Leo Hannigan
Leo Hannigan

Obituary of Leo Arthur Hannigan

It is with broken hearts that the wife and family of Art Hannigan of Grand Bay-Westfield announce his passing on January 23, 2024, at the Saint John Regional Hospital. Art was born at home on October 8, 1934, in Woodstock, NB to the late Leo Francis and Agnes Alice (Harrington).

He will be dearly missed by his wife Sheila Kinney; his sons Drew (Barbie), David (Denise), Tim (Caroline), and Micheal (Christa); his daughter Lyndia Bridges (David); his grandchildren Katherine, Isabelle, Connor, Rachel, and Brooke; niece Sharon Pawsey (Colin); nephews Kerry Hannigan and Mike Haynes; his loved ones in the Kinney and Cronk families; his longtime friends Hazen Taylor and Joe Theriault; and his special niece Amy.

The last surviving member of his immediate family, Art was predeceased by his beloved parents; brother Joe and his wife Madge; brother Tom and his wife Mary; sister Awilda McIntosh and her husband Donald; sister Ruby Haynes and her husband Allison. He was also predeceased by previous wife Beverley Arlyene (Wall) and their infant son Thomas; special sister-in-law Lynda; niece Susan Grant (Mark); niece Kelly Hannigan; nephew Leigh Roy Haynes; and dear friends Donald and Eric Cruikshank.

A gifted storyteller with an astonishing memory, Art could weave everyday events into entertaining tales. Stories from his childhood with parents he truly admired, fascinating bits and pieces from his time working in corrections, hilarious anecdotes from his once in a lifetime trip to Ireland -- he made them all memorable, and he made them all meaningful. 

A keen military historian with a deep and abiding respect for those who served, his knowledge of world events was second to none. He was our go-to expert on WWII flying ace Douglas Bader and on all thing’s aircraft! 

With a rugged exterior that earned him the nickname Grizz at work, he was still ever the gentleman. He had exquisite penmanship, was a thoughtful giver of meaningful gifts, and a friend to animals and children. He was a cynical man, and a practical man; he was also gentle, and he was generous; he was graceful, and he was gracious. He was an astute observer of human nature and would quietly help those in need without fanfare. He was not a perfect man, but he was a good man. 

A lifelong outdoorsman and lover of nature, he took his extended family on memorable camping trips over the years. With women and children and dogs in tow, none of these trips ever went quite as planned and all of them resulted in memories that still make us giggle. In his later years Art would still go on hunting trips, but now it was just for the camaraderie, and for the time to enjoy his tea from a thermos in the quiet of the forest, as he no longer wished to take the life of an animal.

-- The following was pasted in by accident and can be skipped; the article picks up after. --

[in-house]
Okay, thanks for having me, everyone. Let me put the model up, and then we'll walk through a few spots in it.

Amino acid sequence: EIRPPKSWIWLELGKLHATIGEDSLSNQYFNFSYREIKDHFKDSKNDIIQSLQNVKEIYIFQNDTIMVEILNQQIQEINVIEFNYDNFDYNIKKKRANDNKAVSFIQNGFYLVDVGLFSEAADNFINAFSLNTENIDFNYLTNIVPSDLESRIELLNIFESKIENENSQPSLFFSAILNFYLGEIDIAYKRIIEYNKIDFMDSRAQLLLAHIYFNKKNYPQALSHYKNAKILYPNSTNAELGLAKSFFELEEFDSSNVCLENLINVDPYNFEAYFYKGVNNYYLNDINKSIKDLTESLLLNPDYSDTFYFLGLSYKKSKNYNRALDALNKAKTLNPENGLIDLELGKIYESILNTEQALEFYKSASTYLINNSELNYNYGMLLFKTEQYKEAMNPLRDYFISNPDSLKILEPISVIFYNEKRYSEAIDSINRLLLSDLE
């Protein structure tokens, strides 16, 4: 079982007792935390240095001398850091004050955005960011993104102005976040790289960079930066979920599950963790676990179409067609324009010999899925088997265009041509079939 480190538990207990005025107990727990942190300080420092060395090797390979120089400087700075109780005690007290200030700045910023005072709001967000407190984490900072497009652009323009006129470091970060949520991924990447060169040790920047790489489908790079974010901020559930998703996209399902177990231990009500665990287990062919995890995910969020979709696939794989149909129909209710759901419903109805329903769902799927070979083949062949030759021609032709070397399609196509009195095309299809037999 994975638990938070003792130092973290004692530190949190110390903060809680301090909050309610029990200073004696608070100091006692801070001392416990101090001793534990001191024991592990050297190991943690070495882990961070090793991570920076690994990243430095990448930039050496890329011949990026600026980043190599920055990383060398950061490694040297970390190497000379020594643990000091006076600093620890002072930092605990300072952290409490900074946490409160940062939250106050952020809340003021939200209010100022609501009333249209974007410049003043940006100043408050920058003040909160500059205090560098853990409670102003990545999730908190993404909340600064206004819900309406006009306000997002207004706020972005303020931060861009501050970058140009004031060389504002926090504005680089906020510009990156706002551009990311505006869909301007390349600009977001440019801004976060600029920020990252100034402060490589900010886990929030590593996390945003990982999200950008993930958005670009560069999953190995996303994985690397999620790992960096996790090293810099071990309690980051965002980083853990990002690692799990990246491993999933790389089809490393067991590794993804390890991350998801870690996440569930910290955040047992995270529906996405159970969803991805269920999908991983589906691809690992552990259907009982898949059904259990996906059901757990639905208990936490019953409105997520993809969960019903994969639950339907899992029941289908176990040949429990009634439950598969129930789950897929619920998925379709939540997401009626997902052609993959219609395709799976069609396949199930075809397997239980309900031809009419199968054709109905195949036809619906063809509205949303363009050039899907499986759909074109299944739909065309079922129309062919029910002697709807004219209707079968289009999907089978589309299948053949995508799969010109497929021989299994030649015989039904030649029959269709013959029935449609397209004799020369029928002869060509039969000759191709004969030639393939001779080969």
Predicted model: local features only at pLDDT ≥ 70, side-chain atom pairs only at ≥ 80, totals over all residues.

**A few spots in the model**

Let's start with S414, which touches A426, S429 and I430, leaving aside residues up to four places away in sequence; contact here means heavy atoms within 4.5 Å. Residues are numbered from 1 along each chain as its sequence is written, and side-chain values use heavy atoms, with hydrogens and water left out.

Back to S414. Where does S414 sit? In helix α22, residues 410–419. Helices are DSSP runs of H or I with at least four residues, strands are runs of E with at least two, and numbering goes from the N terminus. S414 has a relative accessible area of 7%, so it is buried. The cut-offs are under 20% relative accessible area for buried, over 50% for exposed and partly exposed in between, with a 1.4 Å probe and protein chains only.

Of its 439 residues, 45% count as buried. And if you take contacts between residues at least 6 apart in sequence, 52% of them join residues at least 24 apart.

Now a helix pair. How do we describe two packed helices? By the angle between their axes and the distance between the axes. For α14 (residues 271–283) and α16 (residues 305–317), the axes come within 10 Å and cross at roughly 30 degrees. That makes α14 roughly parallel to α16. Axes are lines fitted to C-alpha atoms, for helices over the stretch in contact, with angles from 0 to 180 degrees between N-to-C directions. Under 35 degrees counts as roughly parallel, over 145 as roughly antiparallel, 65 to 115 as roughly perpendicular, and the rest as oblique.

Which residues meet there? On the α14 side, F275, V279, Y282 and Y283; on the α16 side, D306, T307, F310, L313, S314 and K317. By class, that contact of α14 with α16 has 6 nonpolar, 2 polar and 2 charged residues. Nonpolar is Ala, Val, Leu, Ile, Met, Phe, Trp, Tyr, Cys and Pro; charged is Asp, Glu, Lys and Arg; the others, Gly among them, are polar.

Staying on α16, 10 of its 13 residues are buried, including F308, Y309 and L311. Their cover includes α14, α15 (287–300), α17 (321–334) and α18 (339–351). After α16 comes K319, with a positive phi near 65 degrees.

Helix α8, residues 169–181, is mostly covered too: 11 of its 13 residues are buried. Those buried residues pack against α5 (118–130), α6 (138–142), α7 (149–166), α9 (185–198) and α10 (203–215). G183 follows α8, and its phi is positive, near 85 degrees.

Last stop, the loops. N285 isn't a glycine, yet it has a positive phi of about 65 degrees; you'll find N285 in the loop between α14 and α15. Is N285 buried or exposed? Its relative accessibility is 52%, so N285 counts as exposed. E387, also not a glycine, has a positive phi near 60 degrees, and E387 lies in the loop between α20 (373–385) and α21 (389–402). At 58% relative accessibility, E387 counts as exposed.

When days turned into weeks and weeks turned into more than three months, Art faced the challenging chaos in an overcrowded and understaffed hospital with the same grit and tenacity he had exhibited all of his life, getting on with things without complaint (but certainly with more than a few swear words). 

The day that would ultimately be our last with Art was a beautiful one. We sat quietly together in his room in the peaceful palliative care unit, listening to the music he loved -- Connie Francis, Nat King Cole, the Everly Brothers, and a little Patsy Cline. He was very weak, but he was out of pain, and he was comfortable. He got lots of kisses, and soothing chest rubs just like the ones he remembered his mother had given him when he fell ill as a little boy. "You're a good old scout, a good old scout," we told him, just as his village doctor had comforted him at the time. We told him, as we always did, how much everyone loved him. He wasn't able to talk much by then, but he nodded. He knew. He loved us all back. 

At 89, his was a life well lived, and one he was grateful for, but we still feel like we have lost Art too soon. There were more cups of tea and stories to share, more lobster rolls to enjoy, more country drives, and more quiet moments together on the veranda, looking out at the river. 

No time would have ever been enough. 

We will miss his toothy grin, his infectious chuckle, and the mischievous twinkle in his eye. We will so miss his wicked sense of humour! He was the master of the well-turned phrase and the well-timed punchline. No one will ever be able to make us laugh as hard just by raising one eyebrow.

We will miss his insightfulness, his sound advice, his empathy, his fairness, and his sense of justice. We will miss his attention to the little details and his understanding of the big picture. We will miss the lovely, rolling poems he remembered from his school days. We will miss him quoting Val Kilmer from the movie Tombstone -- who will tell us "I'm your Huckleberry" now? 

The family wishes to thank Ambulance NB, Dr. Neil Young, and the caring staff of the Saint John Regional Hospital 5CS. We will be forever grateful to Dr. Solomon Ugabi and to the staff of the Palliative Care Unit for the outstanding and compassionate care they provided to the entire family during the last seven days of Art's life.

Arrangements are under the care of Castle Funeral Home. In keeping with Art's wishes there will be no visitation or funeral. You can remember him by enjoying a cup of tea, patting a dog, telling a joke about lawyers, or making a donation to any cause dear to your heart. Cremation has taken place and interment will take place at a later date in the summer at the Wharton Cemetery in Upper Kent NB. 

We will miss our handsome guy. We will miss him daily and we will miss him tremendously. It was an honour to walk him home. 

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